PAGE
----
Whether through sheer coincidence — or not — “Uncle Tom” was one of the top trending topics on Twitter Tuesday morning following the opening night of the Republican National Convention (RNC) that featured several Black men making the case for Donald Trump to be re-elected.
More than 6,000 “Uncle Tom” tweets were posted following speeches from Democratic Georgia State Rep. Vernon Jones, former professional football star Herschel Walker and South Carolina Sen. Tim Scott. They each took turns trying to dispel any notion of racism in America or among its leadership despite Trump’s repeated personal demonstrations to the contrary.
Uncle Tom and his brother Tom. If you were a slave trying to escape slavery these are the two people that will rat you out to the slave owner. Running back and telling the Slave owner your plan to escape. pic.twitter.com/YrR53a7ajT
— Christi (@ChrisAd09390788) August 25, 2020
“The Democratic Party does not want Black people to leave their mental plantation,” Jones, who has been called an “embarrassment” to Democrats, said Monday night at the RNC. “We’ve been forced to be there for decades and generations. But I have news for Joe Biden: We are free. We are free people with free minds.”
Walker, who was one of Trump’s employees when he played in the USFL — another of Trump’s failed business ventures — said his “soul” was hurt when he learned people called the president racist.
“I take it as a personal insult that people think I would have a 37-year friendship with a racist,” Walker said Monday night with a straight face during his official endorsement of Trump’s re-election.
Racist on here saying not to call Herschel an Uncle Tom because that breaks the illusion of his tokenism. Lmaoo gn pic.twitter.com/4YmZzgwDTl
— Javon ???????? (@JavonBOS) August 25, 2020
Not to be outdone, though, Scott, the sitting U.S. senator who has previously dared to broach the topic of race with his commander-in-chief, said that Trump gives citizens the best chance “to live the American dream.”
For brevity’s sake, here’s the Cliff’s Notes version of Trump’s treatment of Black people in America: a decades’ long streak of discrimination that pre-dates his White House stint; repeated attacks against Black women, in particular; and referring to white supremacists in part as “fine people.” The president is racist by the very definition of the word, making the speeches from Jones, Walker and Scott both predictable in the context of Black Republicans and disingenuous whether they truly believe the words they told America or not.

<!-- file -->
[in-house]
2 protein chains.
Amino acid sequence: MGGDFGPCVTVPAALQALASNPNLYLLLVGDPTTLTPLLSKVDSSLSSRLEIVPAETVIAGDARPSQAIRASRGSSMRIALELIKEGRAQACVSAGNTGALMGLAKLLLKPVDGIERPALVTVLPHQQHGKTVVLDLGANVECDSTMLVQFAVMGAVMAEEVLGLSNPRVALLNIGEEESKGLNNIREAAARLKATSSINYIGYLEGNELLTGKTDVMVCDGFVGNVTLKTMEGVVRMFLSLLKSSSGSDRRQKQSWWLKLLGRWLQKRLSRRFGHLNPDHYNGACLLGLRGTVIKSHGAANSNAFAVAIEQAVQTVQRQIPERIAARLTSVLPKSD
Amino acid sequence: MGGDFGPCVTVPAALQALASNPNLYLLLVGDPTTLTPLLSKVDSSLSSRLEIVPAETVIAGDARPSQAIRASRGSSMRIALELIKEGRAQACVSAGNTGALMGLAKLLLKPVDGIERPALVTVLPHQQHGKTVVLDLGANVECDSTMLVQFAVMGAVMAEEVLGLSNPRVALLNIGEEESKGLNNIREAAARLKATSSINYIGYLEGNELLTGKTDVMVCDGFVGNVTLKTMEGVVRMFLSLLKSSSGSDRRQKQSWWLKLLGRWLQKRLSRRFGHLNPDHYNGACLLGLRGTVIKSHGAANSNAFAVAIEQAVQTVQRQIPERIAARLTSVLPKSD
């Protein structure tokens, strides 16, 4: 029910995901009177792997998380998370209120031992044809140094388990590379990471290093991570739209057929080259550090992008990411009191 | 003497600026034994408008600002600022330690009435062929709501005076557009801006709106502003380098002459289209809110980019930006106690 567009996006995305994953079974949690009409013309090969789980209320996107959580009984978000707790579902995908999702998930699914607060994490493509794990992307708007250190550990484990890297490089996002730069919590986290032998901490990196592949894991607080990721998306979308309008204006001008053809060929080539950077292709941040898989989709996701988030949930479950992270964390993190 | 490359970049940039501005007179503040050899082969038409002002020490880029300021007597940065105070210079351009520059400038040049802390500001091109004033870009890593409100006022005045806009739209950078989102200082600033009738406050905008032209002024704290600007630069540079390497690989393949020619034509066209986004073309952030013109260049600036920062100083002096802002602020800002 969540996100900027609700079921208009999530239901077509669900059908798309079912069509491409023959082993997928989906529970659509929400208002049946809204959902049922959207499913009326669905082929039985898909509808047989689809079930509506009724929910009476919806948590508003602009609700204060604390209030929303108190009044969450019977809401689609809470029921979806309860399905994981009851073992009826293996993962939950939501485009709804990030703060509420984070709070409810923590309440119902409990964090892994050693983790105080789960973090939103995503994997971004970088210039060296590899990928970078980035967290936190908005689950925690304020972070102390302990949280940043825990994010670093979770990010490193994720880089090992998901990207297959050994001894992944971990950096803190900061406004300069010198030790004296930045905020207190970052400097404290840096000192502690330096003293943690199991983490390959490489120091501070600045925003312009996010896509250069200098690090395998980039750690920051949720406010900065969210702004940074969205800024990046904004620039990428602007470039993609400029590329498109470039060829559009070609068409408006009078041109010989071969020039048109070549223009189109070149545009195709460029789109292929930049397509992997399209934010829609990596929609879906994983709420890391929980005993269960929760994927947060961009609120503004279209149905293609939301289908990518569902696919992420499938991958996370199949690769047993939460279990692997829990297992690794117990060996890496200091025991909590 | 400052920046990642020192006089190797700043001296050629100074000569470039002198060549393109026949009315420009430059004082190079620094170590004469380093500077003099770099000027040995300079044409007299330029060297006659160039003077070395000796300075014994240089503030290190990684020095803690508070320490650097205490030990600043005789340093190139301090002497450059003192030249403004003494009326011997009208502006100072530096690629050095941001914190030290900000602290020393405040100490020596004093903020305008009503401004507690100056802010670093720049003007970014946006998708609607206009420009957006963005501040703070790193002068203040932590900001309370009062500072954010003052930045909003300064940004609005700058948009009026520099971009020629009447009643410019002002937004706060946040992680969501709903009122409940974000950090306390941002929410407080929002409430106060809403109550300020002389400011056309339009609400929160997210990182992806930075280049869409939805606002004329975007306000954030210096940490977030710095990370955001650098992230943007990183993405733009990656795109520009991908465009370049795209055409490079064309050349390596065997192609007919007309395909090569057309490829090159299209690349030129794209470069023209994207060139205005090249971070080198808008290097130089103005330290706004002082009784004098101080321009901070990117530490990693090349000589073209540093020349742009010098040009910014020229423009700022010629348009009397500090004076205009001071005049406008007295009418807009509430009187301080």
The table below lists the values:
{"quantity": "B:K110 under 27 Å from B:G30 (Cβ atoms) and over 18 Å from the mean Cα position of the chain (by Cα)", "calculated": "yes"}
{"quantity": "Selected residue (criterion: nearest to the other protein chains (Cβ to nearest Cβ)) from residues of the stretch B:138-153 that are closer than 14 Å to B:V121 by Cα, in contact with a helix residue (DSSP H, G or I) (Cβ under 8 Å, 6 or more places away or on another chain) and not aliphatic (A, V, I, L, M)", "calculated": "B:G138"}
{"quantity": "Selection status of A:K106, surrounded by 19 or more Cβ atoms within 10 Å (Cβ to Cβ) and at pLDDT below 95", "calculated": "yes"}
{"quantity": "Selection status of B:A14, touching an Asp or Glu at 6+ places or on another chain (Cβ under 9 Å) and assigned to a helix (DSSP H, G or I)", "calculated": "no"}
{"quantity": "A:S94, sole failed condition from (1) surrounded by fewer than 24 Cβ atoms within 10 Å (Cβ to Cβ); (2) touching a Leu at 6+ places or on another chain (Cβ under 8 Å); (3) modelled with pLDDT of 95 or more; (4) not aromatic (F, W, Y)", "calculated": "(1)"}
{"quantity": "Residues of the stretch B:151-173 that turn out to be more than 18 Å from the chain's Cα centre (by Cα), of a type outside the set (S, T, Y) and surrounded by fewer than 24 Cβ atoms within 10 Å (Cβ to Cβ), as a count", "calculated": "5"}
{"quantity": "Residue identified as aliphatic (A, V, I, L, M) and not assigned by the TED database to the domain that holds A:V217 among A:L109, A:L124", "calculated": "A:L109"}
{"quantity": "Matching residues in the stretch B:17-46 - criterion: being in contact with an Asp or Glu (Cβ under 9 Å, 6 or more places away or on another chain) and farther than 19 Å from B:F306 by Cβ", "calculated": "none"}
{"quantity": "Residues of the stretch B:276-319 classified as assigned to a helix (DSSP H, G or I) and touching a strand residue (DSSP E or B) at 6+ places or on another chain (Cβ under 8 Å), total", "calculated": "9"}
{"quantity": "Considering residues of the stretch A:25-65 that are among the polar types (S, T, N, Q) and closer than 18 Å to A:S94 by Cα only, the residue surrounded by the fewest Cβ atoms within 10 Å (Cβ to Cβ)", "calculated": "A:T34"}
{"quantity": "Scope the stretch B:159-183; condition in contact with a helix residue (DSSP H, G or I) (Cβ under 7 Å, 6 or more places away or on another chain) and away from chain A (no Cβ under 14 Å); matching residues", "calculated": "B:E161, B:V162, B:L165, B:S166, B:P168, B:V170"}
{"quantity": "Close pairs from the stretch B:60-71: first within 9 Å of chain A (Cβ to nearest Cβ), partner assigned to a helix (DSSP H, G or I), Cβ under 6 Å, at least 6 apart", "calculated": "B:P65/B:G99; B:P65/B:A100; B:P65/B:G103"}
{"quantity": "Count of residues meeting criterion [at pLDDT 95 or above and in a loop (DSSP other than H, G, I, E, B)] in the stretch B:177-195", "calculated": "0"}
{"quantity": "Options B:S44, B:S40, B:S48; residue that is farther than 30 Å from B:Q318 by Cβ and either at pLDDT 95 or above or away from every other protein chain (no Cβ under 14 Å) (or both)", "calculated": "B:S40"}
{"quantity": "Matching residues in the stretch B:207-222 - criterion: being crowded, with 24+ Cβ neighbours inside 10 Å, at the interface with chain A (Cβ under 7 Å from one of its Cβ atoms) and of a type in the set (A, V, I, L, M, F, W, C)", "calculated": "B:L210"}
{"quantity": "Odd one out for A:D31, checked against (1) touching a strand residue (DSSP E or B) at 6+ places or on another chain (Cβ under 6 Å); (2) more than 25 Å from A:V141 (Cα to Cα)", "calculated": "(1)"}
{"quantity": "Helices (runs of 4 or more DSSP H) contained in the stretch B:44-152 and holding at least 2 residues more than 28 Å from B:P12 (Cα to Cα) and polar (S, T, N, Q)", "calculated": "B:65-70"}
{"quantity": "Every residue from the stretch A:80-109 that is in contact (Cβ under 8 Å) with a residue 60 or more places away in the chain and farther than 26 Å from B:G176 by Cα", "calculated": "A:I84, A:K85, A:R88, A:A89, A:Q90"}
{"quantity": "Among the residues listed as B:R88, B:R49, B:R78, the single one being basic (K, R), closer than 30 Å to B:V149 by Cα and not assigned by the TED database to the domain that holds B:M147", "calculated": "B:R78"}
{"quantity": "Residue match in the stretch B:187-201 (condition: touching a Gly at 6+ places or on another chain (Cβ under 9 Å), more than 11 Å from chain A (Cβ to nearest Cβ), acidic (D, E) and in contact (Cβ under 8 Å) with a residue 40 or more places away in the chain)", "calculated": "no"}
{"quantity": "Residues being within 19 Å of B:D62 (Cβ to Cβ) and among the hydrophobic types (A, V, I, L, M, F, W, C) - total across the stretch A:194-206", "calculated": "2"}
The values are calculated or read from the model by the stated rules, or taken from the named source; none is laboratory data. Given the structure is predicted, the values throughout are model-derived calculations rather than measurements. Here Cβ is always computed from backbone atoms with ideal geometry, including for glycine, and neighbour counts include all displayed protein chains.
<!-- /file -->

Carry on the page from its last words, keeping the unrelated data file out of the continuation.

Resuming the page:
If that’s not proof enough, Vox created a whole comprehensive timeline of Trump’s racism for readers to refer to in case there is still any confusion.
To be clear, the term “Uncle Tom” comes from a fictional slave in the novel “Uncle Tom’s Cabin,” written by abolitionist Harriet Beecher Stowe in 1852. Over the years, the character became synonymous with subservient African Americans who sell out their people to curry favor with white folks.
Republicans on Twitter took it upon themselves to try to change the “Uncle Tom” narrative on social media Tuesday morning.
Uncle Tom is trending on Twitter because black & brown people rocked the Republican National Convention. The Left freak out when minorities don’t toe the line – they are the racists. @nikkihaley @senatortimscott @herschelwalker @kimkbaltimore @uncletomdoc #truthtalking pic.twitter.com/WnqNyvEeoV
— Nyunggai Warren Mundine AO (@nyunggai) August 25, 2020
You, the reader, can decide whether Jones, Walker and Scott fit the criteria for such a designation.
Prior to the RNC’s start, Scott was the only Black person who was listed on the convention’s official schedule of speakers. However, what might be more telling than the RNC’s overtures to Black voters was its invitations to people who have been accused of having a racist agenda.
That includes: Nick Sandmann, the MAGA hat-wearing teenager who found himself at the center of a racially charged confrontation with a Native American elder and Black Hebrew Israelites at the Lincoln Memorial in Washington, D.C., last year; and Mark and Patricia McCloskey, the married couple of lawyers who brandished and aimed guns at nonviolent Black Lives Matter protesters marching peacefully past their home in St. Louis in June.